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PublisherThe University of Arizona.
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AbstractThe goal of my research is to investigate which neurons in the brains of a crustacean species might be involved in pathways or circuits underlying sensory convergence and learning and memory. The first step in such an investigation is an analysis of neuron organization, using histological comparisons across identified centers that are known from other studies to serve multisensory integration and possibly learning and memory. The main goal of this research has been to analyze the morphology of a highly derived malacostracan crustacean (crab) brain, comparing it with the brain of a well-documented basal malacostracan belonging to Stomatopoda. The stomatopod learning and memory center consists of a cap and stalk, as in an insect’s mushroom body–a center known to support learning and memory. In contrast, the crab’s center comprises a saddle-like structure, which in the literature is known as a hemiellipsoid body, situated over the rostral surface of the lateral protocerebrum. In stomatopods, input and output neurons extend their branches into the mushroom body where they intersect parallel fibers. In the crab, there are no such obvious arrangements of fibers. My goal is to determine if there is evidence that, during the course of evolution, there has been a discrete modification of the organization in homologous computational circuits in the crab lineage (Brachycera). In order to complete this task, I have generated histological silver-stained preparations that allowed direct comparison of stomatopod and crab centers. I also had access to a library of Golgi stained specimens of both species investigated. These specimens provide crucial information about the shapes of single neurons.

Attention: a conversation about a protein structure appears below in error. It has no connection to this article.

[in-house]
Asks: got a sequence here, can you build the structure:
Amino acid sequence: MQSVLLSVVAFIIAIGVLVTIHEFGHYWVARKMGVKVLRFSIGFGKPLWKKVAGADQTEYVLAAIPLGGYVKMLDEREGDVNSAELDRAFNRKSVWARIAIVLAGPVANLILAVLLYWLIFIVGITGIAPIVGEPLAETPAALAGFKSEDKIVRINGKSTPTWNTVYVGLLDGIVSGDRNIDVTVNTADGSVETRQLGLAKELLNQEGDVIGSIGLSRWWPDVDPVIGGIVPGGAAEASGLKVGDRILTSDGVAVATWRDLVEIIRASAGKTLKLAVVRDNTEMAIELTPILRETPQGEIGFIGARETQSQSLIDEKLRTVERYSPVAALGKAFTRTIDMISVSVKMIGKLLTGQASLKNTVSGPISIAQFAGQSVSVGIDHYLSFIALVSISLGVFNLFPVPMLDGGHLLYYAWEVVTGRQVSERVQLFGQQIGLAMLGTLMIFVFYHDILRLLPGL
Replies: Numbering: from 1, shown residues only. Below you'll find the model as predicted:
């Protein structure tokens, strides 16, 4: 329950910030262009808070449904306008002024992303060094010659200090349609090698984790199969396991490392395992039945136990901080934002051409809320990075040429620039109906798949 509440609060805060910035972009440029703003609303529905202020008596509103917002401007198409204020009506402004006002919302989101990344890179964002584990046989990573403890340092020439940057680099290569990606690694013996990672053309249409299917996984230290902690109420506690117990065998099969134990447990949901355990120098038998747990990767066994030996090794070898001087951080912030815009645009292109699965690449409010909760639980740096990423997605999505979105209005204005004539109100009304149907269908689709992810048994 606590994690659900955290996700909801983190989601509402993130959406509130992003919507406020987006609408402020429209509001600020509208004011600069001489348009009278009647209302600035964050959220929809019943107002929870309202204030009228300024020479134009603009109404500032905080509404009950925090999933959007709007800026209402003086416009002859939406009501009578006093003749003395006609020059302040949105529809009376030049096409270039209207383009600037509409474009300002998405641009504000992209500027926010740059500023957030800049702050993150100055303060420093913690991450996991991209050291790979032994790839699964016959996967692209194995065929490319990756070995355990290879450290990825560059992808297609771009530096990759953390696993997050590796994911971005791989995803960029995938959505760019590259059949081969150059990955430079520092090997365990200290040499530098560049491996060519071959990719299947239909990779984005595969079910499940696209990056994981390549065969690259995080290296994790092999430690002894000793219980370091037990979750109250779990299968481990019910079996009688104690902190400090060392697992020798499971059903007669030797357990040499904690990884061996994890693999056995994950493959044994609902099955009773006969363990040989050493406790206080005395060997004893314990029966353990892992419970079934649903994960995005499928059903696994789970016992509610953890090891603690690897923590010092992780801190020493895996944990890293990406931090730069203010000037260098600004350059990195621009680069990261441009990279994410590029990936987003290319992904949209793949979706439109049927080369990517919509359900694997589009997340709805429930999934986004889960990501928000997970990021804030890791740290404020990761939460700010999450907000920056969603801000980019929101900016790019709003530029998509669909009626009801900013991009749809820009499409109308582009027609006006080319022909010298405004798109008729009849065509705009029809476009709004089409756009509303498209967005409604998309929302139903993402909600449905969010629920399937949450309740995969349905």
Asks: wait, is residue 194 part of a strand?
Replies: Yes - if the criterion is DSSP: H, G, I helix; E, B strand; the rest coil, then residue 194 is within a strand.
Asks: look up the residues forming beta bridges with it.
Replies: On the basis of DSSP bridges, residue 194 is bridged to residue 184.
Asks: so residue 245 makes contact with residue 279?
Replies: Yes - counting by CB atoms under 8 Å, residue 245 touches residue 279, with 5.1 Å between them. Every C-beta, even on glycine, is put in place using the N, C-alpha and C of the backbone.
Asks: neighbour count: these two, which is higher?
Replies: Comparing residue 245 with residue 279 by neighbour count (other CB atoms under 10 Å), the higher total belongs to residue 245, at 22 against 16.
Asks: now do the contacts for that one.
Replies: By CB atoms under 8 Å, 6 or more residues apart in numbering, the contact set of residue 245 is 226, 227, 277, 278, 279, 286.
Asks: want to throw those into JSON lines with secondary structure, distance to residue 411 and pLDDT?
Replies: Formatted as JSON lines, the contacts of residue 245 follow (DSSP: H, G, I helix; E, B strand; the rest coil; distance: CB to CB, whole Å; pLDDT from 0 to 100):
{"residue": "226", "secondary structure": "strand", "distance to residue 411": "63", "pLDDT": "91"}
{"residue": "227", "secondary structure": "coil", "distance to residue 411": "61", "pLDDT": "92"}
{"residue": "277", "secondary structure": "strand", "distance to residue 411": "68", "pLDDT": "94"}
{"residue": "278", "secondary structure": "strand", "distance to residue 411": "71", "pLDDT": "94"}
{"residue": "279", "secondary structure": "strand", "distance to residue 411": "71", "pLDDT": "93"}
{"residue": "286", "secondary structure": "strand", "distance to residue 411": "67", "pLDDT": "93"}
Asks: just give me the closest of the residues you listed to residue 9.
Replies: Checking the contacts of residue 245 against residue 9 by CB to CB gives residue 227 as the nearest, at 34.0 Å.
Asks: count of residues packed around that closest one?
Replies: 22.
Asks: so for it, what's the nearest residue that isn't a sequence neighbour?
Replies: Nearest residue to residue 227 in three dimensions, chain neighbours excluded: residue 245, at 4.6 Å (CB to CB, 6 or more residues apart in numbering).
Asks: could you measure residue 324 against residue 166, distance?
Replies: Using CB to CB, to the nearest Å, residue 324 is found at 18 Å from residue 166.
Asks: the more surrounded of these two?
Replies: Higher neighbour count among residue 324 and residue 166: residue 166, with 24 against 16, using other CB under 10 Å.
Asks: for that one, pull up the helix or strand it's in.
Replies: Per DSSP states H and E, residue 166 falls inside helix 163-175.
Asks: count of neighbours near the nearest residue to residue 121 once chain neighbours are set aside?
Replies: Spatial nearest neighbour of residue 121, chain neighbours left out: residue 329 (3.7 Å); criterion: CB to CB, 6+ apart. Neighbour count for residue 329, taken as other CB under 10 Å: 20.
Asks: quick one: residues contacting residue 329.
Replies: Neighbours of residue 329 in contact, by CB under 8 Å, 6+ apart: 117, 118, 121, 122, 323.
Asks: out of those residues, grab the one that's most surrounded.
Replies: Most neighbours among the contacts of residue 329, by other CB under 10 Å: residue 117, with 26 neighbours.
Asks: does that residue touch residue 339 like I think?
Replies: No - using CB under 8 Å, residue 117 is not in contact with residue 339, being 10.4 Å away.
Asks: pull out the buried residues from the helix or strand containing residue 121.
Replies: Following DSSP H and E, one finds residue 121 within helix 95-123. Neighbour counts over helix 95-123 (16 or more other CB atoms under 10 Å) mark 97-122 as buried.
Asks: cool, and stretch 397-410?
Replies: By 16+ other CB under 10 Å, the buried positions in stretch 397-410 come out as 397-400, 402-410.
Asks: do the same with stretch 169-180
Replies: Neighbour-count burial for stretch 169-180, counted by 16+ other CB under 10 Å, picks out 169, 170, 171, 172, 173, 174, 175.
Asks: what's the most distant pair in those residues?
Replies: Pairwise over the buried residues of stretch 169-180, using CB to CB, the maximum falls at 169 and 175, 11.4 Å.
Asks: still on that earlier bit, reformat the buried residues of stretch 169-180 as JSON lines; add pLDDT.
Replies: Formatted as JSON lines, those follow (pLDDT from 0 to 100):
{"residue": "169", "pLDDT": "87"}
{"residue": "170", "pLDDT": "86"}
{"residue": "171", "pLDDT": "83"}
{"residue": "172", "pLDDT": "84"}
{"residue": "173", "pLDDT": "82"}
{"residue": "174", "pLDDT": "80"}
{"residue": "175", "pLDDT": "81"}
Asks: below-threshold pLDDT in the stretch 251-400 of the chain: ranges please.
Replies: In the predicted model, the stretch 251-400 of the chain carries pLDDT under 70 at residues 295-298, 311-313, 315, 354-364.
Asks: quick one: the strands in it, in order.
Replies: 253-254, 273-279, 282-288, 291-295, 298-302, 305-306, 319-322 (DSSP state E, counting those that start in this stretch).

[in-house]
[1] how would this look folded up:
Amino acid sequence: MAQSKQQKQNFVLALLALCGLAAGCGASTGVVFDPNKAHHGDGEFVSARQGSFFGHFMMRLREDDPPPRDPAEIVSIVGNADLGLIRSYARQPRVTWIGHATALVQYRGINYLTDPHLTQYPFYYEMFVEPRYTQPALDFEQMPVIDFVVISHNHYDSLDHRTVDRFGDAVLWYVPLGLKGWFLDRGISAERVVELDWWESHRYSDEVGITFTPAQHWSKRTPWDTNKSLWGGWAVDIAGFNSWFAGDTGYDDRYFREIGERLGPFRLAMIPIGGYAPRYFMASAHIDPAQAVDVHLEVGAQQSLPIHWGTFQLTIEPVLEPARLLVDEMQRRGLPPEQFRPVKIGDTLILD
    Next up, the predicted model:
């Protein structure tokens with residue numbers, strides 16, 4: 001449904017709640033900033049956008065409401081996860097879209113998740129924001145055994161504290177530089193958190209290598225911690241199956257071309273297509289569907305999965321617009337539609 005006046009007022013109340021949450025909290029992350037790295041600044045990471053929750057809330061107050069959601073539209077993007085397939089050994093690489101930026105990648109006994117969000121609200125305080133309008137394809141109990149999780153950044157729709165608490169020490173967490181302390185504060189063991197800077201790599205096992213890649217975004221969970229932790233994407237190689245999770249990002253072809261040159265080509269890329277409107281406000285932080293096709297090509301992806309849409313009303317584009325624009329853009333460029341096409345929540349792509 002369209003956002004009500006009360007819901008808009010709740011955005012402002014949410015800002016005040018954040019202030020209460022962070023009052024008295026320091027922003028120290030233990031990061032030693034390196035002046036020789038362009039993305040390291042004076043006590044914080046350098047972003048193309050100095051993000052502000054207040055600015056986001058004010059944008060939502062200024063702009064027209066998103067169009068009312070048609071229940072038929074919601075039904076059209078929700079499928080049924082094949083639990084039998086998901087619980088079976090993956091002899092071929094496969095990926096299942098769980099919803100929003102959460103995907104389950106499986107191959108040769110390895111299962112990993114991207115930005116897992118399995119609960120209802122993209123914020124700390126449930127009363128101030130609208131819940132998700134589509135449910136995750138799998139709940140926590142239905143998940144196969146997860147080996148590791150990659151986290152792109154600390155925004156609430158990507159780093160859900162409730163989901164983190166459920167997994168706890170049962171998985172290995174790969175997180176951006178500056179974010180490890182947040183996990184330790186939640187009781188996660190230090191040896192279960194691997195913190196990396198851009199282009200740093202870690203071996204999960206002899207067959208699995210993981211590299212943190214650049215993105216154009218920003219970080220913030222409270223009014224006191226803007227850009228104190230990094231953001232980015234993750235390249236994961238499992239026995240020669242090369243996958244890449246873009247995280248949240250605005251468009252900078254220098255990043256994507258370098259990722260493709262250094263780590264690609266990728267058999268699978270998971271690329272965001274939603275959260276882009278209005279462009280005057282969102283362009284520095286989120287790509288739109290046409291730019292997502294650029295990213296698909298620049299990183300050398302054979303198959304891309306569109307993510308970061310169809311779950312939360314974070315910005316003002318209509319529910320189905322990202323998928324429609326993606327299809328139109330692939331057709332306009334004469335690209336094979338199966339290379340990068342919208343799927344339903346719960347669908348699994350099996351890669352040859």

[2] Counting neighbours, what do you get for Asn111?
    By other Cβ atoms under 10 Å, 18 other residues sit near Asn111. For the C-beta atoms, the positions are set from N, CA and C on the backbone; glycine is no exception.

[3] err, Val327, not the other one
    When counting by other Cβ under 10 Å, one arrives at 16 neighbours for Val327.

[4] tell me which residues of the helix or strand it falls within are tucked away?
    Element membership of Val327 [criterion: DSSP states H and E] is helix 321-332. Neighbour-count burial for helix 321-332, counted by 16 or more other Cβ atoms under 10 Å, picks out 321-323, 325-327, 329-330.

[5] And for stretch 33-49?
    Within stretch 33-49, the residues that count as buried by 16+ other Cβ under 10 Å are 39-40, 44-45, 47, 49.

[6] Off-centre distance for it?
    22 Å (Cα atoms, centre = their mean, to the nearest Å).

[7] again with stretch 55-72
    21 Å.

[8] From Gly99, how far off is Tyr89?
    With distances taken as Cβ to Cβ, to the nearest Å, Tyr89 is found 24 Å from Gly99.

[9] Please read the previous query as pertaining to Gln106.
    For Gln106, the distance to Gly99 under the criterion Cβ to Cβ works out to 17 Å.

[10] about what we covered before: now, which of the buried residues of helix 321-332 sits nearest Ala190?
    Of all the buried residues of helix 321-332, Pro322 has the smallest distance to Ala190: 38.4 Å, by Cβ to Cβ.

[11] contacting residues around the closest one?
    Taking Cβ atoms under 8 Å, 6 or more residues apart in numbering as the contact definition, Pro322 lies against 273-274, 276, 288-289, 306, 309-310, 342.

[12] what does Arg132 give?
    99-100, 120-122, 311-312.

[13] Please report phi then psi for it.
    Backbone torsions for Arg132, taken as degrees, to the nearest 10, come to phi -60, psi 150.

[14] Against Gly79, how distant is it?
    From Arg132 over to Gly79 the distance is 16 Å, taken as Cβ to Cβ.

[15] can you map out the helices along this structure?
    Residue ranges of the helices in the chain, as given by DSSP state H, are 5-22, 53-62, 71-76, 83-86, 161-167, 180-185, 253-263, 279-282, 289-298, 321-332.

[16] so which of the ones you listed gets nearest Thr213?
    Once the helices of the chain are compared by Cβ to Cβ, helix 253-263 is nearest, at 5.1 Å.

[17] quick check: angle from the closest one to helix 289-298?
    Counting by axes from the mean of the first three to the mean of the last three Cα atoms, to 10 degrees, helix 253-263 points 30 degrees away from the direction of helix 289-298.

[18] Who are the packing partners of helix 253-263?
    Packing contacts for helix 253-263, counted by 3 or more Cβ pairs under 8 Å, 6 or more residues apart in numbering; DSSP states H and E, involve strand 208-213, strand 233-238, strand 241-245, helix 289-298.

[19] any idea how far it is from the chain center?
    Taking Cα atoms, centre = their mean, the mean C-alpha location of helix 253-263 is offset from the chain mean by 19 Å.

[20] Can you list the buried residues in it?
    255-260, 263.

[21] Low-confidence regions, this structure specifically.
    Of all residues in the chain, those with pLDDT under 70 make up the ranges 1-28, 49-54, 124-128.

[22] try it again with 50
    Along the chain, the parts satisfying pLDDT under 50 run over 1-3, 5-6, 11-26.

Degree ProgramNeuroscience and Cognitive Science